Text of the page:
Analysis Of The Holocaust In Night By Elie Wiesel

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The Holocaust is an awful event in history: an era infused with death, corruption, and evil. In Elie Wiesel’s novel, Night, Wiesel looks back on his own experience during the Holocaust to share the horrors of this disaster from a slightly different perspective; that of his stand-in Eliezer, a Jewish teenager who loses faith in God after facing some of the greatest brutality men is capable of. Wiesel captures the horror of this time by using recurring images throughout his novel to represent the evils carried out by the Nazis and the effects it had on millions. Wiesel brilliantly uses motifs in his work such as eyes, night, and fire to enhance character development and to help convey themes of the piece such as the loss of faith and inhumanity.

Throughout the novel, Eliezer carefully depicts different characters' eyes with specific details to illustrate the characters’ true souls more effectively and creatively than is typically done. For example, Eliezer introduces Moishe the Beadle as having “wide, dreamy eyes, gazing off into the distance” (Wiesel 3). Moishe, like his eyes, is peaceful, as if he were dreaming. Wiesel depicts Moishe as a hopeful soul with no worries, despite his economic hardship, as he has found comfort in his relationship with God.

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However, after he is expelled from Sighet and barely, yet miraculously, survives a malicious slaughter, Moishe returns with eyes that are much different; he “was not the same. The joy in his eyes was gone” (Wiesel 7). Surviving his own nightmare, Moishe’s daydreaming is replaced with the horror of reality. Finally, after his warnings are ignored by the villagers, Moishe is broken and void of any joy he once had, so much so that “he wandered the synagogue or in the streets, with his eyes down, his back bent, avoiding people’s eyes” (Wiesel 8). Eliezer’s use of eyes as a motif help to show the character development of Moishe as he transforms from a hopeful spirit to a broken one after being exposed to the unimaginable.

Additionally, Wiesel uses the eyes of the prisoners to show how they felt when the camp had been bombed. “We filled our lungs with the fire and smoke-laden air, and our eyes shone with hope” (Wiesel 67-68). At that moment, their primary focus was freedom. For the first time a glimmer of hope is seen and this hope is shown through their eyes. Wiesel uses eyes as a motif to help develop the characters by giving the audience an insight into their true emotions. Night is brilliantly used as a motif to symbolize the themes of death and loss of faith. At night, all light is stolen and replaced with utter darkness, similarly to how the Jews’ lives were stolen and replaced with utter horror.

In the novel, the worst sufferings occur during the night. For example, at night, Mrs. Schächter has hysterical visions of fire, hell, and death. “She remained like that all day, mute, absent, alone in the midst of us. Toward evening she began to shout again: 'The fire, over there!' (Wiesel 26). It is only during the night that she breaks, and the fellow passengers eath–pervading their noses. Eventually, death finds Eliezer’s father during the night. Eliezer is compelled to beat her into silence in front of her son. Furthermore, at night, Eliezer and his father arrive at Auschwitz and wait in line the entire night with the smell of burning flesh–the smell of days, 'The days were like nights, and the nights left the dregs of their darkness in our souls' (Wiesel 78).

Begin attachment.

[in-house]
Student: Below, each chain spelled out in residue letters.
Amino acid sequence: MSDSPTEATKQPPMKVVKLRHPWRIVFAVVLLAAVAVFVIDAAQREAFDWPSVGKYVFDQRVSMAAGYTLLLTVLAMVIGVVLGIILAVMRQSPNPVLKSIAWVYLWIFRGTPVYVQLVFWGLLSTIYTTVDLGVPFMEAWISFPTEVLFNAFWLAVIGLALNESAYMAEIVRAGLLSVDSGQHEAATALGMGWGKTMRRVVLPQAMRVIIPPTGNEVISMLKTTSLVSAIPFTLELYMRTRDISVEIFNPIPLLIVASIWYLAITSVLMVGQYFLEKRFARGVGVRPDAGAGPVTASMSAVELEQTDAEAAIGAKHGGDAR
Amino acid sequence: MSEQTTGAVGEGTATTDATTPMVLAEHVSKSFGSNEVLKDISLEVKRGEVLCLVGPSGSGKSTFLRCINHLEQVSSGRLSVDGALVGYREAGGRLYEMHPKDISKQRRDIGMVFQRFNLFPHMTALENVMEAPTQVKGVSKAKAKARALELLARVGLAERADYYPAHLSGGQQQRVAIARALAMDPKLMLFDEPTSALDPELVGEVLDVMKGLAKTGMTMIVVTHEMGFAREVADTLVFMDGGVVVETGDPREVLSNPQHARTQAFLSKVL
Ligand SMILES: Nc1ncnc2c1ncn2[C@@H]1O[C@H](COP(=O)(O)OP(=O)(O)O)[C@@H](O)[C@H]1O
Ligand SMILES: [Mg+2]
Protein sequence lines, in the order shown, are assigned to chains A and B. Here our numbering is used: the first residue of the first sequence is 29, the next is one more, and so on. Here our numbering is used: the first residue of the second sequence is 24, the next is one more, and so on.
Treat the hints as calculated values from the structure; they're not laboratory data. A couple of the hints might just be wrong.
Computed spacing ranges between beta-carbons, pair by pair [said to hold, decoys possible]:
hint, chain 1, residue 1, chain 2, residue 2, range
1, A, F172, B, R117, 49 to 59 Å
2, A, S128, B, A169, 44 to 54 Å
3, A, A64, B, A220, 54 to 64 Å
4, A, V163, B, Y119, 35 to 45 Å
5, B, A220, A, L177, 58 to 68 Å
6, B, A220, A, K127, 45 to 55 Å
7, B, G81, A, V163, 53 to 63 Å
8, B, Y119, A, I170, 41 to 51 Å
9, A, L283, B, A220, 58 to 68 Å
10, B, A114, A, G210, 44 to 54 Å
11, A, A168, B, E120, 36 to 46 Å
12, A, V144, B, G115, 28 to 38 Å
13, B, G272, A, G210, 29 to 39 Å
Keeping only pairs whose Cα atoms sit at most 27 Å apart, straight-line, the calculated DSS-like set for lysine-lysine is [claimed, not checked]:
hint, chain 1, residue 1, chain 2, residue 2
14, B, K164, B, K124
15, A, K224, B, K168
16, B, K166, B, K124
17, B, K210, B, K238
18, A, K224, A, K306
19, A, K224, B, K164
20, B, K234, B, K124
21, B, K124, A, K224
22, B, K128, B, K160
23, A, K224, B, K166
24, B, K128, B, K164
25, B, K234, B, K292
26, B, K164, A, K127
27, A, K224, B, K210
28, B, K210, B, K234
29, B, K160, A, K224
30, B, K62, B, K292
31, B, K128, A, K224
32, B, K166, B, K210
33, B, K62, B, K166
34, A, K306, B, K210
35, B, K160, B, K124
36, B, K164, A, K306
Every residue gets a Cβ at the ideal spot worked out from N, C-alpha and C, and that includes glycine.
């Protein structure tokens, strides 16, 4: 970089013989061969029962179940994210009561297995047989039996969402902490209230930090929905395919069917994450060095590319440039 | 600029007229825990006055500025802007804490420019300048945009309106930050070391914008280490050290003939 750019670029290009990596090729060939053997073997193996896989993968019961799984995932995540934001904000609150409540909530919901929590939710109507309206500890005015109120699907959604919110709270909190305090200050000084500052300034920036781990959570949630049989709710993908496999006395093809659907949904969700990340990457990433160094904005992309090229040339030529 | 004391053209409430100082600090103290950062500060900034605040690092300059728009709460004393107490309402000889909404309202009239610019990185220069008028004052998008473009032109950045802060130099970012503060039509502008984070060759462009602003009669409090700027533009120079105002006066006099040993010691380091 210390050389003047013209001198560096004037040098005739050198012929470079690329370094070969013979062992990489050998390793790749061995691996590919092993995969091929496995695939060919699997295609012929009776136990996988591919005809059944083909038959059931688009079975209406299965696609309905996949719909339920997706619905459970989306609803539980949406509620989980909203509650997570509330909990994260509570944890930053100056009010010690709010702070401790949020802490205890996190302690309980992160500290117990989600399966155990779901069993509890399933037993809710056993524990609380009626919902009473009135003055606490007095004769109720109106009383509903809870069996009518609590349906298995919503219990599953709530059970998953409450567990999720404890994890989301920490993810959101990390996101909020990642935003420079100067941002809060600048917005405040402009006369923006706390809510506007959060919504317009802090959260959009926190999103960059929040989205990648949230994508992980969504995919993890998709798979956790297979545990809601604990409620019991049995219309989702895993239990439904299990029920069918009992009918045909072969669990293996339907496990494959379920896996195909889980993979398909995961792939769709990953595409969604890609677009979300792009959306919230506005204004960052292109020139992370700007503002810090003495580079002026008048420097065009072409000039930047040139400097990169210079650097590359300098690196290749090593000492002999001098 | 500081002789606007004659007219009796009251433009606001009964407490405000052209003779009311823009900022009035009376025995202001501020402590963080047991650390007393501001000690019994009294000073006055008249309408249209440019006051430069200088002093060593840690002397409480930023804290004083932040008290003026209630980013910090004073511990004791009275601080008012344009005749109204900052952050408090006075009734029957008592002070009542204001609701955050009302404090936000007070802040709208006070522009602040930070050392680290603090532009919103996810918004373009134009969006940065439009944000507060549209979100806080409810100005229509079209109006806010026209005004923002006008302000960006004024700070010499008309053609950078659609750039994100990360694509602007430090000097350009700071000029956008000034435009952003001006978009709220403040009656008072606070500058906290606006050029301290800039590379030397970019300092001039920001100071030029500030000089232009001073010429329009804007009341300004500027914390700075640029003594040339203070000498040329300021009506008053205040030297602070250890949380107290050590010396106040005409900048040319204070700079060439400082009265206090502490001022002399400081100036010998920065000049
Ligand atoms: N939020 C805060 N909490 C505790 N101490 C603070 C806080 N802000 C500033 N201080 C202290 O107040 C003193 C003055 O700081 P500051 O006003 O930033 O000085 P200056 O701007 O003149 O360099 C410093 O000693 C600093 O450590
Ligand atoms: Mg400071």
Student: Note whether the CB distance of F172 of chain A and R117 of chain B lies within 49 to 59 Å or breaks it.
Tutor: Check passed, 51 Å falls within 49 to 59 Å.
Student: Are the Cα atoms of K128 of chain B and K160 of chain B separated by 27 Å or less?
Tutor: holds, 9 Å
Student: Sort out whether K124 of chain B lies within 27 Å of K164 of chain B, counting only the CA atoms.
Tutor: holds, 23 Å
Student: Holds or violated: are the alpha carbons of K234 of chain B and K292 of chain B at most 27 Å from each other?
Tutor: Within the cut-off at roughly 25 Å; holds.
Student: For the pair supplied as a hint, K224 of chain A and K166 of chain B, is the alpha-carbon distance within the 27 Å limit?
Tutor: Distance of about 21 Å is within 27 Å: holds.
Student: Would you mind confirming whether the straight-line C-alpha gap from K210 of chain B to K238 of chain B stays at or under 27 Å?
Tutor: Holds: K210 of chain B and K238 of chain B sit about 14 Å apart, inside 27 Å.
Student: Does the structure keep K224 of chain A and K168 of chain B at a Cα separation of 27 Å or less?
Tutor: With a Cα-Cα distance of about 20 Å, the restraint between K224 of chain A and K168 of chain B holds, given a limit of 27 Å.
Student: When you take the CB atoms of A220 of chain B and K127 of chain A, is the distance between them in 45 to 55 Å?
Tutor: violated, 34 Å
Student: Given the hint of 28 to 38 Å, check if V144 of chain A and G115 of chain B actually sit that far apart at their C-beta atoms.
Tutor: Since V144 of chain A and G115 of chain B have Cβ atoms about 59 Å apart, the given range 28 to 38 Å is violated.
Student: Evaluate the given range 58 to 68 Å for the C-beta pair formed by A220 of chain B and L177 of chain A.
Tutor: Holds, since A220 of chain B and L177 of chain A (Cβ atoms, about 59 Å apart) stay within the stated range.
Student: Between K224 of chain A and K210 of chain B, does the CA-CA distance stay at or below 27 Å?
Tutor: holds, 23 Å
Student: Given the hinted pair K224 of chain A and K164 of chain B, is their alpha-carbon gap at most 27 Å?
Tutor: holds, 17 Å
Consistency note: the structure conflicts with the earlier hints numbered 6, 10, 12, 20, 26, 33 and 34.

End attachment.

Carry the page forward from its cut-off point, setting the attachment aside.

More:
His entire existence becomes one long night filled with the darkness of death. Eliezer struggles with his faith during this time as he can not believe God would allow such evils to exist. Night serves as a motif for death–the death of faith, innocence, and millions of people. Finally, the image of fire is cleverly used throughout the novel to represent the Nazi’s power to destroy. At the camp, Eliezer recounts the time when “A truck drew close and unloaded its hold: small children. Babies! Yes, I did see this, with my own eyes...children thrown into the flames. (Is it any wonder that ever since then, sleep tends to elude me?)” (Wiesel 32). The cruelty that the Nazis exhibited is often paired with the image of fire. Fire is the weapon of annihilation in the crematoria in which many faced death. “Never shall I forget that smoke. Never shall I forget the little faces of the children, whose bodies I saw turned into wreaths of smoke beneath a silent blue sky. Never shall I forget those flames which consumed my faith forever” (Wiesel 34).

Interestingly, in the Jewish faith fire can represent God’s divine wrath (i.e. hell-a fire-filled place to punish the wicked) yet in the novel, it is the wicked who control fire and use it to punish the innocent. Such a reversal is representative of how Eliezer’s view of the world has been altered during the Holocaust: specifically his belief in a benevolent God. Wiesel uses fire as a motif to help convey the evils of inhumanity. Wiesel’s use of motifs enhances the quality of his novel as they help to develop a character’s qualities and uniquely convey specific themes. Eyes serve as the windows to the souls of each character and give the reader a raw and deep interpretation of their persona. Night conveys the complete darkness the Jews are living in and the inability to find God in that darkness. Finally, the image of fire demonstrates the Nazi’s power to destroy human life and sanity. Together, these motifs enrich Night by strengthening the literary elements of the novel.

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